Before and After: A Dim, Dated Kitchen Gets a Refreshing DIY Makeover for $400

Lifestyle
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The 1960s gave the world a lot of groovy stuff—think bean bag chairs, Sputnik light fixtures, and funky colors like avocado and mustard. But some of the decor looked a lot better back in the 1960s than it does today. Case in point: Anna Westbury’s dark wood kitchen, original to her 1968 home. Its dark wood cabinets felt imposing, and the clunky fan made the ceiling feel extra low. Anna had already replaced the old beige appliances (win!) but the rest of the kitchen still needed a little work to feel fresh and inviting. That said, she didn’t want to spend a ton of money to get it there. So, Anna got to work on a DIY makeover that would keep costs low but impact high.

After: kitchen with green base cabinets and white upper cabinets

The biggest change Anna made? Giving her cabinets a new color palette that feels very 2020. She opted for deep green (Valspar’s Treeline) for the lower cabinets and bright white (Sherwin-Williams’ Extra White) for the uppers and walls. “I love the two-toned cabinets and am so happy I chose the green instead of playing it safe with a gray,” Anna says. “It is very much my style and makes the space feel truly like me.”

After: green and white kitchen with breakfast nook

Anna also created a new breakfast nook to utilize the empty space at one end of the kitchen. She outfitted the inviting bistro-inspired space with a chic vintage-look table from Home Goods and cane chairs that she thrifted, then finished it with a healthy dose of plants and artwork.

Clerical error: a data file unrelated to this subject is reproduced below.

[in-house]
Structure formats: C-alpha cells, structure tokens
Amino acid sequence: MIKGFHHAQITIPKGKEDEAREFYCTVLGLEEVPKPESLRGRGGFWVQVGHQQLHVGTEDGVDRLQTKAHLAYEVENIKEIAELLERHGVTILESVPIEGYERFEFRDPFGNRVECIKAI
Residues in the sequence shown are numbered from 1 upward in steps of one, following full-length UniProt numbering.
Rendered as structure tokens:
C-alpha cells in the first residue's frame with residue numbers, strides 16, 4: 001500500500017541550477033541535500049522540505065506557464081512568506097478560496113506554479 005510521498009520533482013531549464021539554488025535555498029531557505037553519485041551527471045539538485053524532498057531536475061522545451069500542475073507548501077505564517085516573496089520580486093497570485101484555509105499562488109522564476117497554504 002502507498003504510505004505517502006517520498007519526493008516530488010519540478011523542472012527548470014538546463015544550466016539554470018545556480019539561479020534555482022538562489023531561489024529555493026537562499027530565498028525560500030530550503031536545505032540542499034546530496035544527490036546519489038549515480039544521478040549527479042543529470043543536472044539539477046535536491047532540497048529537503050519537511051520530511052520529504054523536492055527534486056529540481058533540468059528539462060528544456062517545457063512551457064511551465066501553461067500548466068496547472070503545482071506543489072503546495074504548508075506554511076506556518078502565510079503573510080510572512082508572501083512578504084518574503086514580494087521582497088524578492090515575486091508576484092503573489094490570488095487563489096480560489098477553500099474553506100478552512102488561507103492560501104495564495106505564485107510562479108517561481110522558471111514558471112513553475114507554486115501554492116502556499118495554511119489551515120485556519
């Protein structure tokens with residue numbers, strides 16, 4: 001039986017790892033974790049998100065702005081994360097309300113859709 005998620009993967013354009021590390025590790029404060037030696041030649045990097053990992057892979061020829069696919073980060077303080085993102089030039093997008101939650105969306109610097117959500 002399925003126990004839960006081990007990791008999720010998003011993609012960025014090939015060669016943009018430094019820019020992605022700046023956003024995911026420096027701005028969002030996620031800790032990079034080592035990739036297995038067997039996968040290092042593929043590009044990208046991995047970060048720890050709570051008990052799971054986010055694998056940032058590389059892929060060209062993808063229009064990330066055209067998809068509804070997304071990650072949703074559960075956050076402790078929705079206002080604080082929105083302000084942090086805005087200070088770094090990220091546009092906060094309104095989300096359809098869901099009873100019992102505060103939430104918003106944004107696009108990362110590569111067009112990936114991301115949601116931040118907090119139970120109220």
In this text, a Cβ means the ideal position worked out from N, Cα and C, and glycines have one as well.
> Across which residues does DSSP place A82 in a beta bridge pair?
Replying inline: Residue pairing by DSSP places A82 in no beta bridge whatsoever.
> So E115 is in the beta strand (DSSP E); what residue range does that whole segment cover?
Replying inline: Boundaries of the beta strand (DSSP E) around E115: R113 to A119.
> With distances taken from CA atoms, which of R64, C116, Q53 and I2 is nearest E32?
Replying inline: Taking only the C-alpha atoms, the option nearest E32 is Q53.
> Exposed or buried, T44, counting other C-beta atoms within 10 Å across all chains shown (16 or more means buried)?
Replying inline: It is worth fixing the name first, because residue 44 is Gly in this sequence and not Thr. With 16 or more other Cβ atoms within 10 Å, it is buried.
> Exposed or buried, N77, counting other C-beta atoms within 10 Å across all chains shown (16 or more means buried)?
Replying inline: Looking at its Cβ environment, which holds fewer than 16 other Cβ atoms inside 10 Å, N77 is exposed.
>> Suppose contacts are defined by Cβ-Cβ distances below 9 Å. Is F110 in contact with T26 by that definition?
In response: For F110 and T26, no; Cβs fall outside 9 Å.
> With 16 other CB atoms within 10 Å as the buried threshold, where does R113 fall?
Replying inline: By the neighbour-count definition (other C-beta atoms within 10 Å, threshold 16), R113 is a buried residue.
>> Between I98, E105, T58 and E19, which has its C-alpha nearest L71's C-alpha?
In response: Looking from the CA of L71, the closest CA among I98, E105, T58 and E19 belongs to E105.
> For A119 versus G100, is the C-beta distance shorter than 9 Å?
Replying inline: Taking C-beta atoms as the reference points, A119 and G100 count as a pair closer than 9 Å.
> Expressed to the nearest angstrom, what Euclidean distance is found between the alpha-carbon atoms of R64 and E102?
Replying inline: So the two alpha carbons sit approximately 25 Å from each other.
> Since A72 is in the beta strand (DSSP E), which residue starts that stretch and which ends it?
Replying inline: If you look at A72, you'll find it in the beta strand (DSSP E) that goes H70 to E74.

After: green and white kitchen with green ceiling fan

Another one of the standout changes in the kitchen was the fan update. Anna moved it from its odd position in the center of the kitchen to slightly outside the cabinet area. In its old place, she put in a modern gold ceiling light with a super low profile, which makes the ceiling feel taller. The fan was painted green to match the cabinets exactly, and it now provides a nice breeze to the new breakfast nook—which Anna says is necessary for making it through South Carolina summers.

In the end, final costs were somewhere around $400 for paint and supplies. “Eventually we are hoping to change out the countertops, sink, floors, and add a gas range but those projects will have to wait on us to save some more,” Anna says. For now, though, the green and white cabinets give a breath of fresh air to the kitchen.

Anna encourages anyone who’s been considering a kitchen redo to just bite the bullet and go for it: “It seems daunting and in the middle of the project it kind of stinks, but afterwards you will wonder why you waited!” she says.

Inspired? Submit your own project here.

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